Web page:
Frieze: on the psychologist’s couch

Mark Wallinger is inspired by Freud at Hauser & Wirth’s booth

A surprisingly domestic setting with a sofa, coffee table and carpets greets visitors to Hauser & Wirth’s booth at Frieze London (October 15-18), which is curated, for the first time, by one of the gallery’s high-profile artists. Taking inspiration from Sigmund Freud’s study in Hampstead – not far from the fair’s location in Regent’s Park – artist Mark Wallinger riffs on this famously introspective domestic space as a way of exploring the varying levels of conscious and unconscious thought involved in the creative process.

Echoes of Freud’s study are conjured via parquet flooring, wallpaper, bookshelves and dark, antique furniture. Significantly, Wallinger uses his own capitalIsculpture (not for sale) as a wall partition to divide the space into two symmetrical zones and remind visitors that the ego is seminal to Freud’s work. Further pieces by Wallinger – the most recent artist to join Hauser & Wirth – include Self (Century), a new sculpture in resin (price on request), and the brain-like Labyrinth –102 St James’s Park (2013, £20,000, second picture) in vitreous enamel on steel plate.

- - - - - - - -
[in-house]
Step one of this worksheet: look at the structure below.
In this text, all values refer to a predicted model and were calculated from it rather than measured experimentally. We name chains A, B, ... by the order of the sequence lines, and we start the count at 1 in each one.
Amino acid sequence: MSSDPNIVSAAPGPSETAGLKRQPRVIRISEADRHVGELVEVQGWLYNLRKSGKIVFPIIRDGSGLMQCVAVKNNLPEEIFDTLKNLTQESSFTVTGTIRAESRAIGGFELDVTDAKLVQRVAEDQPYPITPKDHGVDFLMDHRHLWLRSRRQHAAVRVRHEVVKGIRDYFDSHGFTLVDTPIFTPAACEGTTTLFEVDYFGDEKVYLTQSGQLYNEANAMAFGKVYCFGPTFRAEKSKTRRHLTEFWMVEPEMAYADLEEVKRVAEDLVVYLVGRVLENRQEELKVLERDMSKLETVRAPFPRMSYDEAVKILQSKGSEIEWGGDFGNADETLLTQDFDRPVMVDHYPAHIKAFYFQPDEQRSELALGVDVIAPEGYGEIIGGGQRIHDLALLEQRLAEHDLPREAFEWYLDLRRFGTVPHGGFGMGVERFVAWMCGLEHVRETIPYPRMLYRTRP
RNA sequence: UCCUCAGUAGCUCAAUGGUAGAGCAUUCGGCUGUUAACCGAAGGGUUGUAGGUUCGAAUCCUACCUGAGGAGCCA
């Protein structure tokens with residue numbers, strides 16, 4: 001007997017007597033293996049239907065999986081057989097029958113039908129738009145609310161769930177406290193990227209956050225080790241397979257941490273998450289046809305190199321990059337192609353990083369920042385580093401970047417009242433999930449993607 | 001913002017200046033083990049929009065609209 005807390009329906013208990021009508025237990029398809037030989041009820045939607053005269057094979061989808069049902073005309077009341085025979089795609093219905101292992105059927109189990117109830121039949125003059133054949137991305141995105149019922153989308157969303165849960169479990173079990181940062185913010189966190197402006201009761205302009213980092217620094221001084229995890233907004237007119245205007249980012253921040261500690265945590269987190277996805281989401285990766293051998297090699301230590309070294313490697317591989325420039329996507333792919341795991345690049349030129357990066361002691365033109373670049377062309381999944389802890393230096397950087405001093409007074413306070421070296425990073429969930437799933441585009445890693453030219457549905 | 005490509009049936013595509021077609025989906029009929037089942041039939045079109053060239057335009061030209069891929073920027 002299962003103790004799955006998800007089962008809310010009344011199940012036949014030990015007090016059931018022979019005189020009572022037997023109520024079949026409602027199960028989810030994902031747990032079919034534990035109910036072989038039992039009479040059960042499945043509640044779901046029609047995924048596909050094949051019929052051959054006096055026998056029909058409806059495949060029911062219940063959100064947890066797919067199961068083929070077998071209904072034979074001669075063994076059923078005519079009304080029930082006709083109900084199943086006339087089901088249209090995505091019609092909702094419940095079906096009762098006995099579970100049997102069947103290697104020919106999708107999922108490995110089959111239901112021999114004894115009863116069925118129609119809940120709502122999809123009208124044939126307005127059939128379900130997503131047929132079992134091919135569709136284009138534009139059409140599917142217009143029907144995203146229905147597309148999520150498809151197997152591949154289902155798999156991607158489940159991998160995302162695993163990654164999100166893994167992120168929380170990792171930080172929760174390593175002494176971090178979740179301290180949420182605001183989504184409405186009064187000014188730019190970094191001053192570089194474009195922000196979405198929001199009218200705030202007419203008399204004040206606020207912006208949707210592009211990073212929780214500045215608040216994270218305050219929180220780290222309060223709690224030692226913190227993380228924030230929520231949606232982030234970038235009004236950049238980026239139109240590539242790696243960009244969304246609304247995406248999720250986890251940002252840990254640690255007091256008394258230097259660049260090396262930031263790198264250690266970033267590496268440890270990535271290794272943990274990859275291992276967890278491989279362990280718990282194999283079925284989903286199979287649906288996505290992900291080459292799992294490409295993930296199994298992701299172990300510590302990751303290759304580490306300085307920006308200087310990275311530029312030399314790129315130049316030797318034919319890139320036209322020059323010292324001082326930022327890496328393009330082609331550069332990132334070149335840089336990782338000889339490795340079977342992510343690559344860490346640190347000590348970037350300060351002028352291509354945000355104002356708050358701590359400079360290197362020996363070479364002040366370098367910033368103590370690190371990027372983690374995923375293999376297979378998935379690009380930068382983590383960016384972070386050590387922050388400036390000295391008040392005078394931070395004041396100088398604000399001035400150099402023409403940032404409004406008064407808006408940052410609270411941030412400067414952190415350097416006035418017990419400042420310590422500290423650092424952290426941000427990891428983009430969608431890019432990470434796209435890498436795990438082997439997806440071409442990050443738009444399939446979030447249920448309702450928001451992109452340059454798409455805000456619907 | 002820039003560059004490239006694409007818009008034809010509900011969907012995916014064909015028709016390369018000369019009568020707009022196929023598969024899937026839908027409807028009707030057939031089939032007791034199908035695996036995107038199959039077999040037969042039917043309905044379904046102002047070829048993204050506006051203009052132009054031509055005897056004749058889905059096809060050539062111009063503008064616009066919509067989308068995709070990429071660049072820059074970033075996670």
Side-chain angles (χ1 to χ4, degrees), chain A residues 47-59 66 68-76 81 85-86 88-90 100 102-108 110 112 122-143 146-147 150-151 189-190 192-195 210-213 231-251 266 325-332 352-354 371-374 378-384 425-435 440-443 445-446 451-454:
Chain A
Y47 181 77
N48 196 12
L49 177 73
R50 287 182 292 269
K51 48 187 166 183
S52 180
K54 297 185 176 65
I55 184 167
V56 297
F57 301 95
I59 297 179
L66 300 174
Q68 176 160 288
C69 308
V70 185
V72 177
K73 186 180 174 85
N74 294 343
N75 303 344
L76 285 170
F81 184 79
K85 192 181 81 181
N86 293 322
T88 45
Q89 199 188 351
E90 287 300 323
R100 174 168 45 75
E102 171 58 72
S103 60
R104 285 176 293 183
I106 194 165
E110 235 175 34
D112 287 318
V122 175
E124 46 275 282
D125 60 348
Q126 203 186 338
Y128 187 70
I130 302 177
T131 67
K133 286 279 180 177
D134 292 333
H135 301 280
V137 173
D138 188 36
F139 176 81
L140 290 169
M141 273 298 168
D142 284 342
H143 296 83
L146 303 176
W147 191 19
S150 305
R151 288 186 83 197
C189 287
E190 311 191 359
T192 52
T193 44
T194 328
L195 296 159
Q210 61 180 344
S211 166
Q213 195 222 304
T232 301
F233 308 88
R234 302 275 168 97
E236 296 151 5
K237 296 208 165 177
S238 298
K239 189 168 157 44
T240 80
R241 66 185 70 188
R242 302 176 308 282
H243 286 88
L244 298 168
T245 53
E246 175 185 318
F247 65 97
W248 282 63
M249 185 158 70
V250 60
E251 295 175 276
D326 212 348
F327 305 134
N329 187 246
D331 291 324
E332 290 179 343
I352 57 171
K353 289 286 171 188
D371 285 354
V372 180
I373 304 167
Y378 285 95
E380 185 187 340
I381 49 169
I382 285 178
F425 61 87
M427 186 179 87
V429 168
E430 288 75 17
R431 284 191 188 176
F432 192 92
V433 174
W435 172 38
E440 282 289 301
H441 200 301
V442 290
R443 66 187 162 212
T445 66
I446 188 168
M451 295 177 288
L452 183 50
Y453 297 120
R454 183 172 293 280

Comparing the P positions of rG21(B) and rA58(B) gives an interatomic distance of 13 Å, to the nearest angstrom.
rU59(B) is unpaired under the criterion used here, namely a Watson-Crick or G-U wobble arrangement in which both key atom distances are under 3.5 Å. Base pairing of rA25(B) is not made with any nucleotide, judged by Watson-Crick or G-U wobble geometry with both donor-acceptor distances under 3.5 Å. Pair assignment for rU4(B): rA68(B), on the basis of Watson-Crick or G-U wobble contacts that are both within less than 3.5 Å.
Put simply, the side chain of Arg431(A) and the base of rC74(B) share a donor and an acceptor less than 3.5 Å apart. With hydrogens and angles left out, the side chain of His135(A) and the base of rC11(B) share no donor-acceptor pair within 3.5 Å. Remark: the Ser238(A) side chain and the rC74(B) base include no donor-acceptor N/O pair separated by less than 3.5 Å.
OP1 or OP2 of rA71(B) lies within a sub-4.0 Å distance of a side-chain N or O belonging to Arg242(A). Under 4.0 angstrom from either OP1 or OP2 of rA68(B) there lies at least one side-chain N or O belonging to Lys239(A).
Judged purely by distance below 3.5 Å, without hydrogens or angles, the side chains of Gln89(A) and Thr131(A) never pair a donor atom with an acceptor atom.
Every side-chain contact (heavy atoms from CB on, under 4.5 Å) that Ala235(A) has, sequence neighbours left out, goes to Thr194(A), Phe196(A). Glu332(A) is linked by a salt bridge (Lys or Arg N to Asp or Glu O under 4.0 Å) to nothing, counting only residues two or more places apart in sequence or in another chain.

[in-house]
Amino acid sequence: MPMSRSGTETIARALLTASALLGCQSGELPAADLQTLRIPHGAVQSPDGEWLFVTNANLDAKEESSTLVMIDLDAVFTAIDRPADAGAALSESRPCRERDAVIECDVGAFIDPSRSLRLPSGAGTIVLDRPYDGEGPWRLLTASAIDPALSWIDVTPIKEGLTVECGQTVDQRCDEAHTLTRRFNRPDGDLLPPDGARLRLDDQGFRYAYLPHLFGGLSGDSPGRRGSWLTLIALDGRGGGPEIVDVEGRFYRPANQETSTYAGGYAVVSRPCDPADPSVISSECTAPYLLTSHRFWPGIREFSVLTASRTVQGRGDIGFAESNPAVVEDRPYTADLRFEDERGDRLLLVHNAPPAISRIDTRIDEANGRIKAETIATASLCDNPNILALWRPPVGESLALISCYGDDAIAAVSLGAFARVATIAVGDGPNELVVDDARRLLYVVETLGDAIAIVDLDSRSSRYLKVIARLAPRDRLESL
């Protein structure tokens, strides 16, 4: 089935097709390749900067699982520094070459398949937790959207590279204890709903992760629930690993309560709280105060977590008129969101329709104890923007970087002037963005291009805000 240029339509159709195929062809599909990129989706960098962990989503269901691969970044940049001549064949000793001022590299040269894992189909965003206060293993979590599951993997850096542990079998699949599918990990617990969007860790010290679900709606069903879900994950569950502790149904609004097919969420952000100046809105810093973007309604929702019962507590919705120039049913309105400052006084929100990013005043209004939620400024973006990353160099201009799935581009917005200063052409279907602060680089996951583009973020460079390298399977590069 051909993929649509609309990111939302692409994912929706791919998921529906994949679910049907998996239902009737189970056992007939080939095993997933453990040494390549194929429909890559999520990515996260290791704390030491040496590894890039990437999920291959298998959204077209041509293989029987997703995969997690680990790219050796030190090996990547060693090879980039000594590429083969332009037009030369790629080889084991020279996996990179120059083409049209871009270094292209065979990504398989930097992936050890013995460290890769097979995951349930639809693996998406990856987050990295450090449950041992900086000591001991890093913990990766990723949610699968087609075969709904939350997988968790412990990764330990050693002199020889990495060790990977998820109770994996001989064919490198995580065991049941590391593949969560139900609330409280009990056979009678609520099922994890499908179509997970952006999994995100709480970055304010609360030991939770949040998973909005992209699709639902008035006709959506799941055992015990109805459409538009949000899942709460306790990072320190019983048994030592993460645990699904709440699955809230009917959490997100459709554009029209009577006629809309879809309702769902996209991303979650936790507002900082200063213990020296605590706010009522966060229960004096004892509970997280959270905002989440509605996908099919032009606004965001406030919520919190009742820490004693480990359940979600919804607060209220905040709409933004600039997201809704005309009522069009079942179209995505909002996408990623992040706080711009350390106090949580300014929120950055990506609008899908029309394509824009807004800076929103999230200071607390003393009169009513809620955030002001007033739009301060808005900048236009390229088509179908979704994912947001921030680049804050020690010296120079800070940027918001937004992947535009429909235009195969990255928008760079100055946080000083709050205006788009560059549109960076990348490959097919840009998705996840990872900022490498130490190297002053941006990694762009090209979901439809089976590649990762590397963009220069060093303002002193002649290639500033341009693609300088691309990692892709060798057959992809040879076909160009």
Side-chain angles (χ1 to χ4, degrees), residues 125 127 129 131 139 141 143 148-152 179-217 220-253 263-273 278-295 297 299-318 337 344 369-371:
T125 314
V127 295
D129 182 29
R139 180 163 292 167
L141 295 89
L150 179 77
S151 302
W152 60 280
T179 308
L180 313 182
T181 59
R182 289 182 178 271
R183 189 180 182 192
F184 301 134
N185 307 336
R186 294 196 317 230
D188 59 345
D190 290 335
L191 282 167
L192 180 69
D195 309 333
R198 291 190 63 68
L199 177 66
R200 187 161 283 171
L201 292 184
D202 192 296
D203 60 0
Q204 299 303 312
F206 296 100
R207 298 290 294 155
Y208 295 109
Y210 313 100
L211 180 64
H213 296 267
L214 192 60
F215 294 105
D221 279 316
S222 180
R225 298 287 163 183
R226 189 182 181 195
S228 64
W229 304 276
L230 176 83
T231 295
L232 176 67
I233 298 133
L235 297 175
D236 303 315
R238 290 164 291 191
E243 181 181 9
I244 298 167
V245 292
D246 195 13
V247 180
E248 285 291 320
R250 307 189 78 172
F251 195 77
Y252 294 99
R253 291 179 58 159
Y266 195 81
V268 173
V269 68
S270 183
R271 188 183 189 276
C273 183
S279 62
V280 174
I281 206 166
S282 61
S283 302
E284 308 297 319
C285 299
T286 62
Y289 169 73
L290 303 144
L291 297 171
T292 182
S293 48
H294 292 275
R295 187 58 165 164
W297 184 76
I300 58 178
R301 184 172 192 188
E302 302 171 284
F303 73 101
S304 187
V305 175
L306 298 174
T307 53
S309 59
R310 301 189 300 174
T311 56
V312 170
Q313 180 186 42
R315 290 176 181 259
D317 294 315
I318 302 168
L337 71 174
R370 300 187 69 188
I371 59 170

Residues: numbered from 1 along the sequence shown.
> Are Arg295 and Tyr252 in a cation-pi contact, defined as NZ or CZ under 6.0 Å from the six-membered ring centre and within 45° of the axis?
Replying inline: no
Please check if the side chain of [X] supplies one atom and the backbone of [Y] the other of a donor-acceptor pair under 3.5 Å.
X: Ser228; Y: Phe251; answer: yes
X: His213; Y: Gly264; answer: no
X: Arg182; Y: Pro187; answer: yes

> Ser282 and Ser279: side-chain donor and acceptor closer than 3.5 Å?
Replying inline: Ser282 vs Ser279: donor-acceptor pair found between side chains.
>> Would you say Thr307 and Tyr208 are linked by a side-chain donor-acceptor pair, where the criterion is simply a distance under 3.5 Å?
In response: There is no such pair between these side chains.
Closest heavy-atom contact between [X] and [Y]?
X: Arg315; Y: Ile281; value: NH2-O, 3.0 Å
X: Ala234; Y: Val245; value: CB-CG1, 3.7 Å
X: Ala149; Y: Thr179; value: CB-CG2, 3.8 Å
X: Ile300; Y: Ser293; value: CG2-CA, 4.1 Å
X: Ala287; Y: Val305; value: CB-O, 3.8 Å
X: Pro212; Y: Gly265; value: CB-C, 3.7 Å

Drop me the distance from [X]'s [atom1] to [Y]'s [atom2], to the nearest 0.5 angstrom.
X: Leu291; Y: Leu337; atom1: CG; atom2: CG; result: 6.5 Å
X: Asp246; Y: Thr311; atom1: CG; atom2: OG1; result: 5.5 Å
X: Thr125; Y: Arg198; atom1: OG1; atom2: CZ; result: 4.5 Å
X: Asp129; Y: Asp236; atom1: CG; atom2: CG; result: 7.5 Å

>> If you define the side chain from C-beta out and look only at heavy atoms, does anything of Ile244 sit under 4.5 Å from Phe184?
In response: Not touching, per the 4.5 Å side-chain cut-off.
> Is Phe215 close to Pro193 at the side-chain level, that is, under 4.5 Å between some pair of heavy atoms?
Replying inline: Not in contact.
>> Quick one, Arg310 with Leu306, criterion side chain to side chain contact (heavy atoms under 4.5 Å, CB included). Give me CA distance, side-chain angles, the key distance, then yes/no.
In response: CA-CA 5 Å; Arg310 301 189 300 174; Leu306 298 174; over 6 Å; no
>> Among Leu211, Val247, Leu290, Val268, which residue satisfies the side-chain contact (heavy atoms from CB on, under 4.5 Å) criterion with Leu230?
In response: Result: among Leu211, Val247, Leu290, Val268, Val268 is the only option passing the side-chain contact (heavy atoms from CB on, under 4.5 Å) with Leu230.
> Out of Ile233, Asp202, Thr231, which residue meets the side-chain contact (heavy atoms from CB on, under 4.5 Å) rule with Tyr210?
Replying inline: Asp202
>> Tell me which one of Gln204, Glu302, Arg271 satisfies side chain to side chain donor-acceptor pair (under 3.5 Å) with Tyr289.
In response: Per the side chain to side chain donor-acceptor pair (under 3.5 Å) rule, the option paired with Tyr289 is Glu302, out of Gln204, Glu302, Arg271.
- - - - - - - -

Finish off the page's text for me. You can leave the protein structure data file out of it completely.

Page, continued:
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“Visiting Freud’s study at the Freud Museum drew me into his love of objects and images as totems, conjuring deep channels of thought and emotion,” says Wallinger. “The dualism underpinning the stand is a visual metaphor for this and I hope viewers will question why each work is in each section, make their own judgments and maybe interrogate how and why those judgments are made.”

No reference to Freud can avoid the psychoanalyst’s couch, and here it is in the shape of Rashid Johnson’s daybed, Untitled (Daybed 5) (2012, $90,000, first picture), in red oak with a zebra-skin covering. Augmenting Wallinger’s chosen theme are Ida Applebroog’s Untitled (Woman Lying in Bed) in ink and Rhoplex on vellum (1982, price on request), Guillermo Kuitca’s intriguing oil painting People on Fire (1993, $250,000, third picture) and Matthew Day Jackson’s emotive Hemophiliac ($100,000) in acrylic on paper with iron-oxide powder (2013, price on request).

Louise Bourgeois’ Maison, a collection of plaster pieces on a steel frame (1986, price on request, fourth picture), Anna Maria Maiolino’s Untitled, from the Entre o Dentro e o Fora (Between Inside and Outside) series of clay pieces on a metal table (2012, $110,000), and Roman Signer’s 2010 Hocker Mit Lampe (stool with light bulb; SFr25,000, about £16,300) offer further explorations of the rational and unconscious polarities of creative thought that Wallinger unites in such an imaginative way.

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